Russian Navy fortifies Sevastopol with underwater rocket system in response to Ukrainian drone threats

Amid escalating maritime tensions marked by Ukrainian drone assaults against the Russian naval intelligence ship, Ivan Khurs, the Russian Navy has reinforced its nautical defenses surrounding the strategically significant Sevastopol port in Crimea.
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Russian Vyborg Shipyard laid the Purga ice class coastguard ship of project 23550 925 001 BM-21PD or DP-62 "Damba" Multiple Launch Rocket System. (Picture source: new_militarycolumnist)

This bolstered defense involves a seldom-seen strategy: the deployment of the BM-21PD or "Damba", a distinctive variant of the BM-21 Multiple Launch Rocket System (MLRS), capable of launching the unique underwater PRS-60 missiles.

The BM-21PD, derived from the 9K51 "Grad" MLRS, is a specialized naval system designed with maritime application in mind. Primarily, it serves to deter potential seaborne threats, safeguarding key naval pathways and mooring areas.

The unique feature of this system is its combat vehicle, the BM-21PD, which stands as a testament to naval adaptability. Equipped with a power rectifier, it can run on its own power source or from an industrial power grid of 380V.

The BM-21PD can launch its payload either directly or remotely, providing flexibility in maritime operations. It can function autonomously or with the help of a hydro-acoustic station - critical for underwater detections and effective naval warfare.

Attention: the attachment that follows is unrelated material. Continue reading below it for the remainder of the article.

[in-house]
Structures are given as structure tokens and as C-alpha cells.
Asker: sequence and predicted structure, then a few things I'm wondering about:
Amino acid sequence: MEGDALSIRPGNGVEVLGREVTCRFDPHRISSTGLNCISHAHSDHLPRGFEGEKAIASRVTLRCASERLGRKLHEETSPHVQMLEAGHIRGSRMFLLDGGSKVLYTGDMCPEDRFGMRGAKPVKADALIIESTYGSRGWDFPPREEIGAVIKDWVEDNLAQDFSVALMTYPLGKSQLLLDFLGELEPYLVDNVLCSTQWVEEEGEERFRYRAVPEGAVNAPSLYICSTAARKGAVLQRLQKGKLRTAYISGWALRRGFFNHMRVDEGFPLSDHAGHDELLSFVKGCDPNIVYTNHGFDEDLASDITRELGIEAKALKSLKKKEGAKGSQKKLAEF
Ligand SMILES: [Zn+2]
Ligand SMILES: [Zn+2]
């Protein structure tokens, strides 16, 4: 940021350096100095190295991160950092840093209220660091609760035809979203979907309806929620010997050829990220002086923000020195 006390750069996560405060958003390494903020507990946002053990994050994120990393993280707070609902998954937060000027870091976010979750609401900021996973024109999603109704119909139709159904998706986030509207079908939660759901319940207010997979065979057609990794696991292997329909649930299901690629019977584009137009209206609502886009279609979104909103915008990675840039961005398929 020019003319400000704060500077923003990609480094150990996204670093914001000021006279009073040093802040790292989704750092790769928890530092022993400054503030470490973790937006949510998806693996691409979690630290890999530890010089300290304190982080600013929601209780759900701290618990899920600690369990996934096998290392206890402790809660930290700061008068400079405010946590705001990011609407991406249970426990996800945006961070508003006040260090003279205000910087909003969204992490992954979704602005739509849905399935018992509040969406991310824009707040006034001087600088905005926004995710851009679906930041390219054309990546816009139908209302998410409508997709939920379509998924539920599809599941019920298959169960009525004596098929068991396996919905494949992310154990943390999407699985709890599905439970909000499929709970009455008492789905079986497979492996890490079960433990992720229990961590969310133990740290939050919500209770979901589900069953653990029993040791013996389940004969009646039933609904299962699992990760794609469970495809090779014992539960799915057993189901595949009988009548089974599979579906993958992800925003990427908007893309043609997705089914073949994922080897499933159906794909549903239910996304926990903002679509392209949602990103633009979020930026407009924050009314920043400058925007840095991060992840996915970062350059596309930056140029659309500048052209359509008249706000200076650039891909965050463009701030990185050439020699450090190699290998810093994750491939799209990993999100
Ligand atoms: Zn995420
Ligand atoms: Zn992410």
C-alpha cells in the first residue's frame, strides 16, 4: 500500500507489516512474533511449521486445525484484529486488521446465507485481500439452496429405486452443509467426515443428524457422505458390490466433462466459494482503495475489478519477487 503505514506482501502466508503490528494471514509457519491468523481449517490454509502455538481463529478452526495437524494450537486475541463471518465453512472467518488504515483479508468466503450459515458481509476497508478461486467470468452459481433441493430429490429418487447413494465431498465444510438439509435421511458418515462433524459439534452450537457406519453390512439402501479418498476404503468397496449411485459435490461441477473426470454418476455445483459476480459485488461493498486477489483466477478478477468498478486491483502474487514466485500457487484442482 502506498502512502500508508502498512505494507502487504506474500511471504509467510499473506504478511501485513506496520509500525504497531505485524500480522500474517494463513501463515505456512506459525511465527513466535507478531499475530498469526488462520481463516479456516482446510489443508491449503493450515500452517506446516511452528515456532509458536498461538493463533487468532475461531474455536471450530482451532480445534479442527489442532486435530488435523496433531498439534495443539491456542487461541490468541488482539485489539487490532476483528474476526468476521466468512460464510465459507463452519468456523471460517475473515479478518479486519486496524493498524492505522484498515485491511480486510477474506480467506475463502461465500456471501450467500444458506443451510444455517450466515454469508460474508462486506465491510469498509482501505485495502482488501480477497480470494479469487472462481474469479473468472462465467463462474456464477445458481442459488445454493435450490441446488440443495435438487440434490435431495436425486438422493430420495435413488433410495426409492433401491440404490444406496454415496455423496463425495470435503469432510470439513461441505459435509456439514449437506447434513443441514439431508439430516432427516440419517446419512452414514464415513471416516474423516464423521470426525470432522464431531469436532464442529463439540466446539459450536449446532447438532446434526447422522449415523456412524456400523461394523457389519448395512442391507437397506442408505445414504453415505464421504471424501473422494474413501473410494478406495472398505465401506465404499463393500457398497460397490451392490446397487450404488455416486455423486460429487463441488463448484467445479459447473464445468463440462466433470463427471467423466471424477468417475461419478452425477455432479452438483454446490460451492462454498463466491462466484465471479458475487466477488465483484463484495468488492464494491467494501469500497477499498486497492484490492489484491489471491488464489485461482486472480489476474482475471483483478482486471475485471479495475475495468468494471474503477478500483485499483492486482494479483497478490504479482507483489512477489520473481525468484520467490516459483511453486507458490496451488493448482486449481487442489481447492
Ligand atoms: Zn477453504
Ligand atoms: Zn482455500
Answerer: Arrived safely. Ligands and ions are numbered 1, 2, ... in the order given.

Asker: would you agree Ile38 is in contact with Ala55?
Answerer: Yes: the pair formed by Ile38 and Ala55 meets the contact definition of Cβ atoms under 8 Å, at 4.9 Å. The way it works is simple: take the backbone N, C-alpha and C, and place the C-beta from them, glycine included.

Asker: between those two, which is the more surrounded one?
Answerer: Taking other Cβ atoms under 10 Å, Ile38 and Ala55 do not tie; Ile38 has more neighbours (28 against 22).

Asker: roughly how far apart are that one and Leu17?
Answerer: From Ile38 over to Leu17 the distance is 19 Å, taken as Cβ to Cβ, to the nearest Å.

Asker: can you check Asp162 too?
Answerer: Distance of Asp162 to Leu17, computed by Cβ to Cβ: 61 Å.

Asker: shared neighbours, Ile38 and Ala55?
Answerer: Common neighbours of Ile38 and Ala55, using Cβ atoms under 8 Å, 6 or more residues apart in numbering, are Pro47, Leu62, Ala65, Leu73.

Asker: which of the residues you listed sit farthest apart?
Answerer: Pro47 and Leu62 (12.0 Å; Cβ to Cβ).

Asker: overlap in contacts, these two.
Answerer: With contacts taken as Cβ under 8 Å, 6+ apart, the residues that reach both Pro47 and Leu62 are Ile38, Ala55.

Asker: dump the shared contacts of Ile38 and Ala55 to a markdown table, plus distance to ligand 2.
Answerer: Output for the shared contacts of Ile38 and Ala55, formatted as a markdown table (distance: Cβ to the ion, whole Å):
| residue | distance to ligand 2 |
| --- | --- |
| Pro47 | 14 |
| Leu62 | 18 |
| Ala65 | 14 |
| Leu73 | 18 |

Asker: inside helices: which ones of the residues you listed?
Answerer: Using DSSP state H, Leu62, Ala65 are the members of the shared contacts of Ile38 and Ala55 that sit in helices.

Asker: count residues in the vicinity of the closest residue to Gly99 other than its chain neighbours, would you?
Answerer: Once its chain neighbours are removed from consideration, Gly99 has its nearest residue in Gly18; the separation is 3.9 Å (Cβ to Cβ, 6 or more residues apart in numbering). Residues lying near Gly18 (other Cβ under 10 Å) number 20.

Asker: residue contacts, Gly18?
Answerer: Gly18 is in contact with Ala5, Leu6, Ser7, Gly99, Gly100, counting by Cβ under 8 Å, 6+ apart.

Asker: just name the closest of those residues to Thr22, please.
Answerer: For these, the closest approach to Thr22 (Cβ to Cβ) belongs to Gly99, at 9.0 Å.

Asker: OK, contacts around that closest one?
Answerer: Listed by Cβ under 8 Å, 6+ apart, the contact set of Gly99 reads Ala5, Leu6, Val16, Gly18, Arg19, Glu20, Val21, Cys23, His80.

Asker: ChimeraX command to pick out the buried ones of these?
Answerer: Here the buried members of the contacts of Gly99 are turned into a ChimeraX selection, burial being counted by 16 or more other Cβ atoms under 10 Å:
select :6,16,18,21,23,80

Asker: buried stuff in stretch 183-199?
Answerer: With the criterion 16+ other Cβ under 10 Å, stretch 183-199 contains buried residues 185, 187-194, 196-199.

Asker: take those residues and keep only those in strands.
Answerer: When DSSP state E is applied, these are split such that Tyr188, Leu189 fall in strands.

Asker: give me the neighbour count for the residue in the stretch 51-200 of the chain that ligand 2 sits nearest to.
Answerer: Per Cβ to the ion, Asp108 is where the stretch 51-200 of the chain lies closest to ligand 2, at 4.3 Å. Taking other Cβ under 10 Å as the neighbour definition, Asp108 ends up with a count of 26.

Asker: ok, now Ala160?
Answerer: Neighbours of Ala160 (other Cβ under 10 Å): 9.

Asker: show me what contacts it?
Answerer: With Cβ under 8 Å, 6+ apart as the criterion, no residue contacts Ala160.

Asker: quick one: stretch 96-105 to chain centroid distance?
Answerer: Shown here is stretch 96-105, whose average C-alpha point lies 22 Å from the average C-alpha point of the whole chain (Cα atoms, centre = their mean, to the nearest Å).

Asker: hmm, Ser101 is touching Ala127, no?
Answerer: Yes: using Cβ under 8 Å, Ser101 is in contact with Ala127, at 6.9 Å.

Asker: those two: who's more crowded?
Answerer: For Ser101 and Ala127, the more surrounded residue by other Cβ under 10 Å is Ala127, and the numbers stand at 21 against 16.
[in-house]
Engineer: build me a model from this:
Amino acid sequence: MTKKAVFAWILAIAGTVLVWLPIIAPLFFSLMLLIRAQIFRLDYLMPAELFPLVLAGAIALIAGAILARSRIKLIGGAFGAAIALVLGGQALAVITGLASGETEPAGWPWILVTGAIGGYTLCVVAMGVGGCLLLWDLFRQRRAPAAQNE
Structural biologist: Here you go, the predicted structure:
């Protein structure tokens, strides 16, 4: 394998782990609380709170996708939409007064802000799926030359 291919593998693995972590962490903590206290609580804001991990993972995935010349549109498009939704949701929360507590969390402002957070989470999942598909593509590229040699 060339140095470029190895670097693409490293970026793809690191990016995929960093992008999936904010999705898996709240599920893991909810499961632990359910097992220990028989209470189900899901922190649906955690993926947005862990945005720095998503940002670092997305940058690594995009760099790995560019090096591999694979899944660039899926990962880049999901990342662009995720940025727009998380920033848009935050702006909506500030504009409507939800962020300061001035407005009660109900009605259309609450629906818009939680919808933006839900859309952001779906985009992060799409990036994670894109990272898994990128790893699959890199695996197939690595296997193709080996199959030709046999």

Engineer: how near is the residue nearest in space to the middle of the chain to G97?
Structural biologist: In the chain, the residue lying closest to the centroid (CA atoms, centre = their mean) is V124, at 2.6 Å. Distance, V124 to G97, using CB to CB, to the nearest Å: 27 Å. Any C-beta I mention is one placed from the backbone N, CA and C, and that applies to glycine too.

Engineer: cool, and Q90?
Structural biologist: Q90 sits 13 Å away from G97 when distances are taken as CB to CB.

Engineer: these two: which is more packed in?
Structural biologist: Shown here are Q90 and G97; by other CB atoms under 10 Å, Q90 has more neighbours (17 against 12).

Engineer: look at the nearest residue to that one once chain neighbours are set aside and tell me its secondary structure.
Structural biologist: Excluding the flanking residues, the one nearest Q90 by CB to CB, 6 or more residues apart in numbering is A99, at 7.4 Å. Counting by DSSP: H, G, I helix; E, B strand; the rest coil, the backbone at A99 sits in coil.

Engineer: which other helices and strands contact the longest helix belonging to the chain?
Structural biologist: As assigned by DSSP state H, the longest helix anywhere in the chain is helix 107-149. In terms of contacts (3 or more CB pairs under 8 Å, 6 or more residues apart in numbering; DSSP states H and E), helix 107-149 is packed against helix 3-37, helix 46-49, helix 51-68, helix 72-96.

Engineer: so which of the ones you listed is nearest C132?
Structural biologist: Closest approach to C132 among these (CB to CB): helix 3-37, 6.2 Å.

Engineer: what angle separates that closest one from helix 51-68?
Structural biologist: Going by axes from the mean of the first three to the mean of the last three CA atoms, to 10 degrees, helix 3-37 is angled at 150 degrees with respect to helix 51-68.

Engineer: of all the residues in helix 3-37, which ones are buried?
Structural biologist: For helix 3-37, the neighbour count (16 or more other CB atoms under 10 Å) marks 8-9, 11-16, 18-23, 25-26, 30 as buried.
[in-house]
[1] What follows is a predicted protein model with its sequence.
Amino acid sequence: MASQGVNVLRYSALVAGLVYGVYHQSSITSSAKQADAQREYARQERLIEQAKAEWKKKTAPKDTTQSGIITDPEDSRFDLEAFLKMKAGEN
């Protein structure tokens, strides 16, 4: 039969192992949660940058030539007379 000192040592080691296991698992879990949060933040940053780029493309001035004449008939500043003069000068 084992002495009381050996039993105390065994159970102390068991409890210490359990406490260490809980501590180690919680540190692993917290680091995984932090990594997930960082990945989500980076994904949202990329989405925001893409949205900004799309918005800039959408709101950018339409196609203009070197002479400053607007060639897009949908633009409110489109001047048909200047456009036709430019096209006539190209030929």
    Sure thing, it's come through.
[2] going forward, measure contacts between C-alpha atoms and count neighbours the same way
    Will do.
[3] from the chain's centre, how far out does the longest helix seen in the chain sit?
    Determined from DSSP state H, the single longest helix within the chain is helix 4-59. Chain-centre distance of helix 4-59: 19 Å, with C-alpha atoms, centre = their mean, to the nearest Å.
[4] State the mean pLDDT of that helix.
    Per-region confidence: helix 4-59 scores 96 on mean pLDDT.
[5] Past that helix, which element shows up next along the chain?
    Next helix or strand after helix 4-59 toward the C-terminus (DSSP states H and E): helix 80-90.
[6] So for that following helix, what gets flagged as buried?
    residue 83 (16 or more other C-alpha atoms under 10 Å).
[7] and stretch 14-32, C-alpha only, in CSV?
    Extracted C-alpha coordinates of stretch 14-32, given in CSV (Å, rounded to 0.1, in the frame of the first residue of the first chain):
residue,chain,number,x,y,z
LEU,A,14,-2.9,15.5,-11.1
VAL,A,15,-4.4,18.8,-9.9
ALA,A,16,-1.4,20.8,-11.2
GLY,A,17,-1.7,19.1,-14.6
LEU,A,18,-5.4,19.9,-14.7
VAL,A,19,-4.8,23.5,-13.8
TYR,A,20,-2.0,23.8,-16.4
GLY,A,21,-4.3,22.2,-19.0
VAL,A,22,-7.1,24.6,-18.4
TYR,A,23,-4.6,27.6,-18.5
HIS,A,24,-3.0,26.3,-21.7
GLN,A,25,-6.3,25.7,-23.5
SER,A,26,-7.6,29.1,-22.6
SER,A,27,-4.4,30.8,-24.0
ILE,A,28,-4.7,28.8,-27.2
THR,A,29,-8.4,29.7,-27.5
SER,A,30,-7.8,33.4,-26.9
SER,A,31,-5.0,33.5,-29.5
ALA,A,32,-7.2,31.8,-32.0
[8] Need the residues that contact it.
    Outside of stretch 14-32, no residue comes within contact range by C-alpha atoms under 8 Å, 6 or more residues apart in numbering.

The system's transport vehicle, the 95TM, is a modified version of the ZIL-131 truck, reconfigured for maritime logistics. It's equipped with unified 9F37M racks, enabling it to carry up to 40 rounds of ammunition, ensuring sustained firepower during naval engagements.

The DP-62 system's PRS-60 unguided rocket is a marine combat game-changer. Capable of targeting ultra-small submarines operating at depths from 3 to 200 meters and within a non-ricochet firing range of 0.3 to 5 kilometers, it provides a significant advantage in undersea warfare.

With a specially designed warhead tip, the PRS-60 can effectively neutralize underwater saboteurs, providing a 99% hit probability with a half-volley (20 shots).

Boasting a 122mm caliber, a 3000mm barrel length, and 40 guides, the DP-62 "Damba" presents formidable firepower at sea. Its firing range, from a minimum of 300 meters to a maximum of 5000 meters, and the ability to reach a maximum elevation angle of 50 degrees ensures extensive maritime area coverage. Operated by a crew of three and capable of launching a full salvo in 20 seconds, the DP-62 stands ready to defend Russia's naval interests.